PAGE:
It’s fitting that Bradfield resurrects the hybrid haibun form that Bashō was believed to have originated in 17th-century Japan to chronicle his travels to the north of Japan. In this form, he combines journal-like observations with haiku verse, allowing the poet to chronicle both the outer landscape and inner reflections. In Bradfield’s hands, the haibun works well: prose passages serve as an intimate travel narrative, while her poems’ vivid sensory images drop us into the experience itself.
Bradfield’s first poem, “Upon,” sets up one of the threads that runs through the collection: the inevitable chasm between what we see and our felt experience of it. In the last line, she writes: “I have been there / I have not even come close.” As the journey progresses, she shares how this tension develops, especially as she balances being a guide for 100 other people with her desire to experience the raw land on its and her own terms. In the prose poem “First Landing: Brown Bluff,” she concludes by invoking Bashō as she enjoys shore leave alone: “Off again. I want to be not competent or knowledgeable. Not watched as a guide. Raw. Responsive. Sentimental. A pilgrim. Bashō at his shrine alone with Sora, a cricket cricketing under an old helmet.”
As the journey continues, Bradfield acknowledges the challenge of coming up with new metaphors to express the full dimension of the Antarctic experience. In “Patagonia: Pio XI Glacier,” she writes, “Usual metaphors for blue fumbled as ice pops and groans. Glad to fumble them anew.” Yet, she succeeds in finding fresh ways to describe what she’s seeing and hearing. For example, in “Salisbury Plains,” she writes: “Wind through tussac and rising up rising up calls (like washrags swept across window screens) of penguins.”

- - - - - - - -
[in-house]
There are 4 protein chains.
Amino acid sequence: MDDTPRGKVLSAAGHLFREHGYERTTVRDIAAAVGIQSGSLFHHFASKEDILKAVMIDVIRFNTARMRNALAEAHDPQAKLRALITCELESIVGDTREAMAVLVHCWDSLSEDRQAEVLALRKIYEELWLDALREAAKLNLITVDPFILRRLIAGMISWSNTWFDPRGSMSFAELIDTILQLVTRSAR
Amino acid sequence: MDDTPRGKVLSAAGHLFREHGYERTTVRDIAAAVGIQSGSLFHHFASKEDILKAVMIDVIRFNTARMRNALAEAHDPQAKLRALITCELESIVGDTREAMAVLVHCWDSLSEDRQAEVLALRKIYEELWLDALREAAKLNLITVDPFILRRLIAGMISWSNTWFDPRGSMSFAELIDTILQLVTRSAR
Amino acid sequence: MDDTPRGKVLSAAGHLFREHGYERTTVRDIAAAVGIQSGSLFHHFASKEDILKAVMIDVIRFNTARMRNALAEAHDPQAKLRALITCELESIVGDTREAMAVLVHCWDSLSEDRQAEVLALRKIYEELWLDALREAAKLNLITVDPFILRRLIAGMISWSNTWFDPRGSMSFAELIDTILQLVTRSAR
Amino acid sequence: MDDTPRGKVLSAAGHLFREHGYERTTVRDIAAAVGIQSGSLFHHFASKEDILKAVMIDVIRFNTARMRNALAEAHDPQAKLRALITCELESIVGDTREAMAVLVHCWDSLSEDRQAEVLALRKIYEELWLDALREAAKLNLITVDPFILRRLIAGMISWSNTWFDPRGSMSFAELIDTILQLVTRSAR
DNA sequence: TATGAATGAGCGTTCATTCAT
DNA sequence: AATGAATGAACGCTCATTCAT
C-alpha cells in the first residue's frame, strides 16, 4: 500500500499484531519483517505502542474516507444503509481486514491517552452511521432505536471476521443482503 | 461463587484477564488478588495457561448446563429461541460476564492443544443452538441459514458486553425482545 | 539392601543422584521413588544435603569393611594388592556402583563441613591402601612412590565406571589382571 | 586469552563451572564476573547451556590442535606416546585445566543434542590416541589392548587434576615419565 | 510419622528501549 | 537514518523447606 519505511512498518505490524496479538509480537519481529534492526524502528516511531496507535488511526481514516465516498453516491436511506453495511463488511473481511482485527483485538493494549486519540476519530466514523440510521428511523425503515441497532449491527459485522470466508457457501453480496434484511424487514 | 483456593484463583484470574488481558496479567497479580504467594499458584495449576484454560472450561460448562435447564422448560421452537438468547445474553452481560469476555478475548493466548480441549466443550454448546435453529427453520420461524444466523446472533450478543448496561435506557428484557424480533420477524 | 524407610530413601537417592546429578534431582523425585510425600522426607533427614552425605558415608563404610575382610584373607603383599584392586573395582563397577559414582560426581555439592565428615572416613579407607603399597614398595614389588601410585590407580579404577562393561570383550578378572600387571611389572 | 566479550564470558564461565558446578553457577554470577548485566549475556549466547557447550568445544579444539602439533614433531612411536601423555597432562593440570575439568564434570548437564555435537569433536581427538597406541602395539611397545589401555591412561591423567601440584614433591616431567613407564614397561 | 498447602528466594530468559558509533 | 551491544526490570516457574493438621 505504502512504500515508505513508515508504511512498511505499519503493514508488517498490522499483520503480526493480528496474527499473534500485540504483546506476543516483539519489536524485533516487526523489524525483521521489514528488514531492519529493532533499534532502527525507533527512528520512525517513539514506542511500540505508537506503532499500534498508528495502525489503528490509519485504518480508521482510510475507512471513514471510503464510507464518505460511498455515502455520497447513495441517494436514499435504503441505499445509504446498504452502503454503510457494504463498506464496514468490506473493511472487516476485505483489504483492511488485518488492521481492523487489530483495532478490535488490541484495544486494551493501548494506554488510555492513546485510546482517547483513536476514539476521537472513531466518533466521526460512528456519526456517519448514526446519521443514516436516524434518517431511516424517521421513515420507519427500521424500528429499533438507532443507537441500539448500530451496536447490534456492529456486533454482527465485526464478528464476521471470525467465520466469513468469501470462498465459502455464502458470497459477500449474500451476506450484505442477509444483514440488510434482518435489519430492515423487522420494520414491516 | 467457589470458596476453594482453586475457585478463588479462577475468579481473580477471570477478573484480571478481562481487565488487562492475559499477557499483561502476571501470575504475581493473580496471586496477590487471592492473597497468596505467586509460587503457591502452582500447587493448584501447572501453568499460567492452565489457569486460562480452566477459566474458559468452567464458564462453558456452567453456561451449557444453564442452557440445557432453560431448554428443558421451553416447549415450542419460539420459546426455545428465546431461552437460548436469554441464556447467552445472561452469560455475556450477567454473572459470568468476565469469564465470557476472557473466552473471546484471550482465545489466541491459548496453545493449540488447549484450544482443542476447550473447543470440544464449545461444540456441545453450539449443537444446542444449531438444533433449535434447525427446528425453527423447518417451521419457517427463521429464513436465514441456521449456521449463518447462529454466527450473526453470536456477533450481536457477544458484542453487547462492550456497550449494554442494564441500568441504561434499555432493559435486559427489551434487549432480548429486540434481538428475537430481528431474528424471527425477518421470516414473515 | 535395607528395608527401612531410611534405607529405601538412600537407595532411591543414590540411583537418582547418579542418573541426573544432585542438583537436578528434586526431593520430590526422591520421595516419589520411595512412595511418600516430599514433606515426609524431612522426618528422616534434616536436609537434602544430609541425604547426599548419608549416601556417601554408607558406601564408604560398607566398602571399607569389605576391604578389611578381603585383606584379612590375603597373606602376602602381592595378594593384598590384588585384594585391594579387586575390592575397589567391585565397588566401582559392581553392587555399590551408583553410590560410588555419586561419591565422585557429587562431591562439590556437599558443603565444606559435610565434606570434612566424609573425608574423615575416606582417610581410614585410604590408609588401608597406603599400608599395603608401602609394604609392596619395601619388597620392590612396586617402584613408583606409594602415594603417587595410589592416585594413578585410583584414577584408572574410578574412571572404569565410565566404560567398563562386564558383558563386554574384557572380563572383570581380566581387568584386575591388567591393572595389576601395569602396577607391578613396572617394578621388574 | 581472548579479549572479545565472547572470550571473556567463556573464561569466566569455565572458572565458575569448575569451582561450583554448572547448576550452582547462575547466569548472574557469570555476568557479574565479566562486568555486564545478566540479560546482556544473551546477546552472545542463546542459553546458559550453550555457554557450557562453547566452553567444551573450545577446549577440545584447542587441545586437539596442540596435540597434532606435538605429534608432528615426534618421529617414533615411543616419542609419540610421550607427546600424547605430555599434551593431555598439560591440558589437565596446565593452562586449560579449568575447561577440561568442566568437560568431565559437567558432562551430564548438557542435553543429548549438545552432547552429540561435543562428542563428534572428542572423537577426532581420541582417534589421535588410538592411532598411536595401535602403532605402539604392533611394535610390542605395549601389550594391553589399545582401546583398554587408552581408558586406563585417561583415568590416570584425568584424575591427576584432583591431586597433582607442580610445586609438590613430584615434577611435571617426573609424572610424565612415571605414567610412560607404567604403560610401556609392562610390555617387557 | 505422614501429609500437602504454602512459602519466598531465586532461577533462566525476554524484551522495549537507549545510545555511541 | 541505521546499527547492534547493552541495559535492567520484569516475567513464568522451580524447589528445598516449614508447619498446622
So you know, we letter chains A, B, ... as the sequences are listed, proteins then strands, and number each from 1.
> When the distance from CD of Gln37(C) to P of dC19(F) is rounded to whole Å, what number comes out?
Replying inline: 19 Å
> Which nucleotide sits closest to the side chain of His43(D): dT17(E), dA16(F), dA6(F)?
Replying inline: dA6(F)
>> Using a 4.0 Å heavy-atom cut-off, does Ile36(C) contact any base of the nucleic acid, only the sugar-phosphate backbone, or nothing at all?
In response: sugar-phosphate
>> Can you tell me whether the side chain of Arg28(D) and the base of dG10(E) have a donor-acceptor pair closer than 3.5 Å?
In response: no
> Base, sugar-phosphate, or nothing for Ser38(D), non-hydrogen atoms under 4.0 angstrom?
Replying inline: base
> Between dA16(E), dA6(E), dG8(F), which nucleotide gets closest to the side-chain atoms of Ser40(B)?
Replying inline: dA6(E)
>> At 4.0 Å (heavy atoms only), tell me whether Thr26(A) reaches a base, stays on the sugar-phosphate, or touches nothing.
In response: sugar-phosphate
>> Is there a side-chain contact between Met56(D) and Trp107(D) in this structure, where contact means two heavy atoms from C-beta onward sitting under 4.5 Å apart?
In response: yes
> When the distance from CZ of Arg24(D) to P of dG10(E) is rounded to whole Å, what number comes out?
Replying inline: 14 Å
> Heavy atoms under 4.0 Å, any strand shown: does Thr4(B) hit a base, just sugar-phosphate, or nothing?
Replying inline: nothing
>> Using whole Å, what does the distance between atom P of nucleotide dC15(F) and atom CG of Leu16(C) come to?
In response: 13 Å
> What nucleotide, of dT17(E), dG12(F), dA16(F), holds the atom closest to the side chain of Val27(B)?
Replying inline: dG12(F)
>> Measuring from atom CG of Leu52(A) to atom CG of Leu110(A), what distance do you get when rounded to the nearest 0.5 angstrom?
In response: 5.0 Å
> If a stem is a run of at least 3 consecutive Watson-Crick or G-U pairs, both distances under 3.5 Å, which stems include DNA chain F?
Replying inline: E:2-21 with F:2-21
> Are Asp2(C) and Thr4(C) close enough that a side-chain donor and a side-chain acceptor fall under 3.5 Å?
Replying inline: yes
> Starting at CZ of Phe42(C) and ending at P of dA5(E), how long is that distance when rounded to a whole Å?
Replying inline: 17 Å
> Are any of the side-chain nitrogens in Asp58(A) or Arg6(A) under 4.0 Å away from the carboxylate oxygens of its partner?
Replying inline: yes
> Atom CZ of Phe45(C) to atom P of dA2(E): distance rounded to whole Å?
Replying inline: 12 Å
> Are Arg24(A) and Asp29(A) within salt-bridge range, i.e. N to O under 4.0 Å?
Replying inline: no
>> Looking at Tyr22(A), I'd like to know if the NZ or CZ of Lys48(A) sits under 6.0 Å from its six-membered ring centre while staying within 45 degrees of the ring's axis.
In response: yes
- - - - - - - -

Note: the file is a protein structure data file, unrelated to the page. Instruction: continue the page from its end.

Not surprisingly, it’s in the poems that Bradfield often captures the “wonder or delight” most effectively. In this haiku, she lets her syntax reflect the held breathlessness of watching ten sei whales in the Straits of Magellan:
breath held, expelled they rise we surge toward looking toward what can’t yet be seen
Thanks to Bradfield’s voracious appetite for accounts of sea exploration, we don’t sail alone. Along the way we find ourselves in the company of those who’ve gone before. We meet Darwin on the Beagle, encounter a found haiku from Melville’s Moby Dick, hear Coleridge’s haunting refrain from “The Rime of the Ancient Mariner.” Neruda makes a cameo appearance, commenting on the “vast, irate sea,” and Elizabeth Bishop shows up with an excerpt from her poem “The Imaginary Iceberg.” But it’s Alexander Van Humboldt, who explored South America, whose words seem to most closely approximate Bradfield’s mission: “Nature must be experienced through feeling,” a sentiment rarely expressed by naturalists of that era in their steadfast quest for objectivity, and a sentiment that Bradfield confesses to wrestling with at times.